Nedda Harrigan Logan; Actress Co-Founded Stage Door Canteen
Nedda Harrigan Logan--whose life was bound to the theater through her father, her husband and her own career as an actress and co-founder of the World War II Stage Door Canteen--has died in New York at 89.
In recent years, people tended to remember her best for the lavish parties she and her husband, director-producer Joshua Logan, threw in their sumptuous Eastside apartment--gatherings that established them in the front row of Broadway’s sophisticated celebrity couples.
But her place in the theater reached a lot further back than that--to the turn of the century.
Father in Vaudeville
Nedda Logan was the tag-along 10th child of Edward (Ned) “H-A-Double-R-I-G-A-N Spells Harrigan,” the theatrical impresario who joined with Tony Hart to form the Harrigan and Hart comic vaudeville team.
The Harrigan home in the Adirondacks resembled a resort hotel in scale, and on weekends it housed almost as many guests. Sunday morning’s tables were often set for 35 or more, and the breakfast roster usually included actors, writers and stars of the vaudeville circuit.
By the time Nedda Harrigan was 16, she was treading the boards herself, acting in the sort of summer stock companies that produced 20 different plays in 20 weeks.
“It was fun, good training and wild,” she recalled later. “It taught me the acting business, and it taught me never to be a minute late. A minute late is a minute lost.”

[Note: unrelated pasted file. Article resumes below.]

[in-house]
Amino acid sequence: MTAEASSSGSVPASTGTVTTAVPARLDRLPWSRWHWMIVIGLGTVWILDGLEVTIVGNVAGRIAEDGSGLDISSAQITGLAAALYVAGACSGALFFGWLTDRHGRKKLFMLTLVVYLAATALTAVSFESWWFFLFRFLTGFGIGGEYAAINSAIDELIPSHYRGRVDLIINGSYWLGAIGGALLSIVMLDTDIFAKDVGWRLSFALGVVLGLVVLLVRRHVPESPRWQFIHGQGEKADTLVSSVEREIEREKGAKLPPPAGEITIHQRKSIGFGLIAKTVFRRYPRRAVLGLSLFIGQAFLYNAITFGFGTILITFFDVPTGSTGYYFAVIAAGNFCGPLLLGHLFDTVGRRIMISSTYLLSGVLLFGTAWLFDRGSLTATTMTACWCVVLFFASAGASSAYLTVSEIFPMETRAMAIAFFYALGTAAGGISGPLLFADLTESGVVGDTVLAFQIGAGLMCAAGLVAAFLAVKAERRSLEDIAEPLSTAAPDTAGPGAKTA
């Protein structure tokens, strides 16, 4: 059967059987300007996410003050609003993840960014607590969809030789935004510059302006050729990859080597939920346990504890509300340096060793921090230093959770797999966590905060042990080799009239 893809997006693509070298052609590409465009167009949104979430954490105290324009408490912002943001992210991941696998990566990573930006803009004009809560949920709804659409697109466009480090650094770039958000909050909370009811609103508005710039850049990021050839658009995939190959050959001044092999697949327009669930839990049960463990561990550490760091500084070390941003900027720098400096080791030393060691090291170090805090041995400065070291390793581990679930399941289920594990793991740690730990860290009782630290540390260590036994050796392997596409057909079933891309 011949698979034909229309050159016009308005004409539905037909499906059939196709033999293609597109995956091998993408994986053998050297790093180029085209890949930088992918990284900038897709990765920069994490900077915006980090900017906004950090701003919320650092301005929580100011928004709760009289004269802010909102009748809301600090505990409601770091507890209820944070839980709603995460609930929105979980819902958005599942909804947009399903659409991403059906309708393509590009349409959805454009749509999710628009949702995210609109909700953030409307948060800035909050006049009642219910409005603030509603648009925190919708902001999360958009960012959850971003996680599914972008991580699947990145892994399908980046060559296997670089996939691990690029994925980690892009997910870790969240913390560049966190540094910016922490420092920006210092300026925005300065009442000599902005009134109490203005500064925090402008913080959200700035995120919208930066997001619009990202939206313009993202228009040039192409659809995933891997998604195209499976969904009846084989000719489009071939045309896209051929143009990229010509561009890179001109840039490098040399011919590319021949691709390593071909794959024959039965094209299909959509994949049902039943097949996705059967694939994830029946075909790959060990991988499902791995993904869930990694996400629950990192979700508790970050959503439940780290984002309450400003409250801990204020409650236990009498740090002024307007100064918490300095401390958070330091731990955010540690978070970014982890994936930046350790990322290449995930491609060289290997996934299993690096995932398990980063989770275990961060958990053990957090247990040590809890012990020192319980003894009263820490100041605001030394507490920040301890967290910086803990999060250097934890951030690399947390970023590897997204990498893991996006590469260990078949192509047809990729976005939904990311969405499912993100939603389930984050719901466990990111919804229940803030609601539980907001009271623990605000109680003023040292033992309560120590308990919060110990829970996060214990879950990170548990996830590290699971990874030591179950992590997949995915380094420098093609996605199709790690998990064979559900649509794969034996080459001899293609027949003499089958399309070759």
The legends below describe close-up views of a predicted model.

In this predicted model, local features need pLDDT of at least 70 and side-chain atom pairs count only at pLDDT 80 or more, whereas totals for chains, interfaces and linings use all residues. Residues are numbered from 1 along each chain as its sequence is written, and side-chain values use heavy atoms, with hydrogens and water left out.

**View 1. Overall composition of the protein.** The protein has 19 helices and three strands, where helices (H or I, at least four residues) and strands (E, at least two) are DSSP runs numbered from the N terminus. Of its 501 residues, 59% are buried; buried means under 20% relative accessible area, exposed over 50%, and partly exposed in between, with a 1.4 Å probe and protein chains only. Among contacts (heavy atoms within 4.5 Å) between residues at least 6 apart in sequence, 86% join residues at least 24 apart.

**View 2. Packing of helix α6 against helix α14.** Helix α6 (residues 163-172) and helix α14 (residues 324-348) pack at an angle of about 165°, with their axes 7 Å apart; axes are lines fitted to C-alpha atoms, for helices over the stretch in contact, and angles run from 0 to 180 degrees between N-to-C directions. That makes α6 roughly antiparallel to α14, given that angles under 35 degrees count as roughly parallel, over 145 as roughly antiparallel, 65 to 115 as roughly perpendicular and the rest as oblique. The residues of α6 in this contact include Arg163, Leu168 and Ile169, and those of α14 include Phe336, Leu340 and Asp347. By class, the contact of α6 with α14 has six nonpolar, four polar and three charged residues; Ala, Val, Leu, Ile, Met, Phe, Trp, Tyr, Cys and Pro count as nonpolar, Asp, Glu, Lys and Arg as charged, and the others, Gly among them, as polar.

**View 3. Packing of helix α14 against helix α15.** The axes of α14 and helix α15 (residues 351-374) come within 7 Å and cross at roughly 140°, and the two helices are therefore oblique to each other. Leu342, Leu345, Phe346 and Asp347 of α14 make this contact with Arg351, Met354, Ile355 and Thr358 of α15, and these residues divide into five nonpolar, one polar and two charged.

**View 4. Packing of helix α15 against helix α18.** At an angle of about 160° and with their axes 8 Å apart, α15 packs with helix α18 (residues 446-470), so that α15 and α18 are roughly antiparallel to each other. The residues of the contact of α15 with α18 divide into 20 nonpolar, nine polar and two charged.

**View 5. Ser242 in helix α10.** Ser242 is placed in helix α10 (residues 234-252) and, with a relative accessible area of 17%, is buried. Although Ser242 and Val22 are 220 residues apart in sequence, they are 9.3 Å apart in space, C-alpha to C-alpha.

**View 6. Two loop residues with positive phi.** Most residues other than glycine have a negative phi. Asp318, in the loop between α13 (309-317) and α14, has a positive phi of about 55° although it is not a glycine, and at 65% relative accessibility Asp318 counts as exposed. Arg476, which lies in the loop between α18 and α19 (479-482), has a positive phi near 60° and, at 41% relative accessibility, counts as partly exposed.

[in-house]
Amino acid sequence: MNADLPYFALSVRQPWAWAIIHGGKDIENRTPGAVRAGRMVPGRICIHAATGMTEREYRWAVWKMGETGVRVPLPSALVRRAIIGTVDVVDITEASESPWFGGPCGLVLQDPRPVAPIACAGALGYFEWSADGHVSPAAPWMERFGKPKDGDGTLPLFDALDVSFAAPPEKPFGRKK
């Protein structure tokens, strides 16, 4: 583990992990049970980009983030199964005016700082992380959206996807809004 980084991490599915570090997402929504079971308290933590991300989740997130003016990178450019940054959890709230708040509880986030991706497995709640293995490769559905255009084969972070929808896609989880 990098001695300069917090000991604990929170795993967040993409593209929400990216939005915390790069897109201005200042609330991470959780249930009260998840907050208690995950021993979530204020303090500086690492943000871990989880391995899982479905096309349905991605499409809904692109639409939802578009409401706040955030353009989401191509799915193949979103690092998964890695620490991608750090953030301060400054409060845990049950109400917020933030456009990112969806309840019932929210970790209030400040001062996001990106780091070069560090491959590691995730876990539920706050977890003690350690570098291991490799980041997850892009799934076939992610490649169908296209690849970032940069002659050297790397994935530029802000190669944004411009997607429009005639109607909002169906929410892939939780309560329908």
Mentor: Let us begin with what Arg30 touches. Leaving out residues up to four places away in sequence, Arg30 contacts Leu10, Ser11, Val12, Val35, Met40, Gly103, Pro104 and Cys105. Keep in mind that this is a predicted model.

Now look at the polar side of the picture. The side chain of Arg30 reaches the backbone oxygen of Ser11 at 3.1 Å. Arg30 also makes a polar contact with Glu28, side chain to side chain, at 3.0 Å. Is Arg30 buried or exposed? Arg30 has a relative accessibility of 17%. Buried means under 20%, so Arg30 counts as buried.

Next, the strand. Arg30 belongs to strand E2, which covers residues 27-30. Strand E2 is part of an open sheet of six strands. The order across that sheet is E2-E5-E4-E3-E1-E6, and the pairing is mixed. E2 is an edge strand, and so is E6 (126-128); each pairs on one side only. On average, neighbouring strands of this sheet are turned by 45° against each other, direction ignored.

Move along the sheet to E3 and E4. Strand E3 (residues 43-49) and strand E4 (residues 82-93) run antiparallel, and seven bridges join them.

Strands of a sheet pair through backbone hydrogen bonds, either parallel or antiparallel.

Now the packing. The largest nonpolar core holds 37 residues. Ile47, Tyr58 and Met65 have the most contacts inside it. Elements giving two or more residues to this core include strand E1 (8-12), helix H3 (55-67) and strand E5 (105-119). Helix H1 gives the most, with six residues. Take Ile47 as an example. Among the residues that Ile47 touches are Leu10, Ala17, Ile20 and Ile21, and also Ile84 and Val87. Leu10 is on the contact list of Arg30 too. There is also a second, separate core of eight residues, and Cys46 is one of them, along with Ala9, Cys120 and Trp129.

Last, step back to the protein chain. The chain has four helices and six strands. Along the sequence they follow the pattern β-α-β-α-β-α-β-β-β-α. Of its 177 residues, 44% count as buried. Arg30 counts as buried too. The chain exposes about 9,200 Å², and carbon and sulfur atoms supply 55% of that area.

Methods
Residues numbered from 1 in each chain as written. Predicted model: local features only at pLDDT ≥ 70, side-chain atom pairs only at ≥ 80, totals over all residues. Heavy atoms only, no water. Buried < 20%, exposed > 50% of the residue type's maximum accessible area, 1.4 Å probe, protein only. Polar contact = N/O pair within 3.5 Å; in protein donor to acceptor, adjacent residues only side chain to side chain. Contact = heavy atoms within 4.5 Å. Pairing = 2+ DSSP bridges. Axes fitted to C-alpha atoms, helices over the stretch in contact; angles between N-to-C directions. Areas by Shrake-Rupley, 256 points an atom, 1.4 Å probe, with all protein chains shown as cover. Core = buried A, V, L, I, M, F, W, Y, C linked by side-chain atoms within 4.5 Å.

The young, pretty actress lost little time advancing her career, first turning up in Hollywood’s Charlie Chan movies--"Whenever they found a knife in a body, I was the one who dunnit"--and then on Broadway, where she had a leading role in “Charlie’s Aunt.”
Joshua Logan was the director of the long-running play, and the two quickly became close friends. But that was in 1940, and within two years, Logan was off to the war as an Army Air Corps intelligence officer.
Not to be outdone, Nedda Harrigan went to Washington and talked the USO into letting her and others produce plays for servicemen in New York in what became known as the Stage Door Canteen. In 1942, she took several of the plays to Europe to entertain the troops.
Upon returning from Europe in 1945, she and Logan married. While he continued to pursue a career as a director and producer of such hits as “Annie Get Your Gun,” “Picnic,” “Mister Roberts” and “South Pacific,” she retired.
“Who wants to be married to an actress?” she responded later, to someone who’d asked why she had done it. “Imagine him coming home to find me reading a play, and then demanding a part.”
But retirement did not mean inactivity. In 1955, she founded the Actors’ Fund Bloodbank. In 1980, she was elected president of the Actors’ Fund. She also served as a trustee of the Museum of the City of New York.
And until his death last year, she and Logan continued to entertain a glamorous mix from show business and public life on both sides of the Atlantic.
Nedda Logan died Saturday at her Manhattan home after a long battle with cancer. Survivors include a son, Thomas Logan, two daughters, Ann Connolly and Harrigan Logan, and four grandchildren.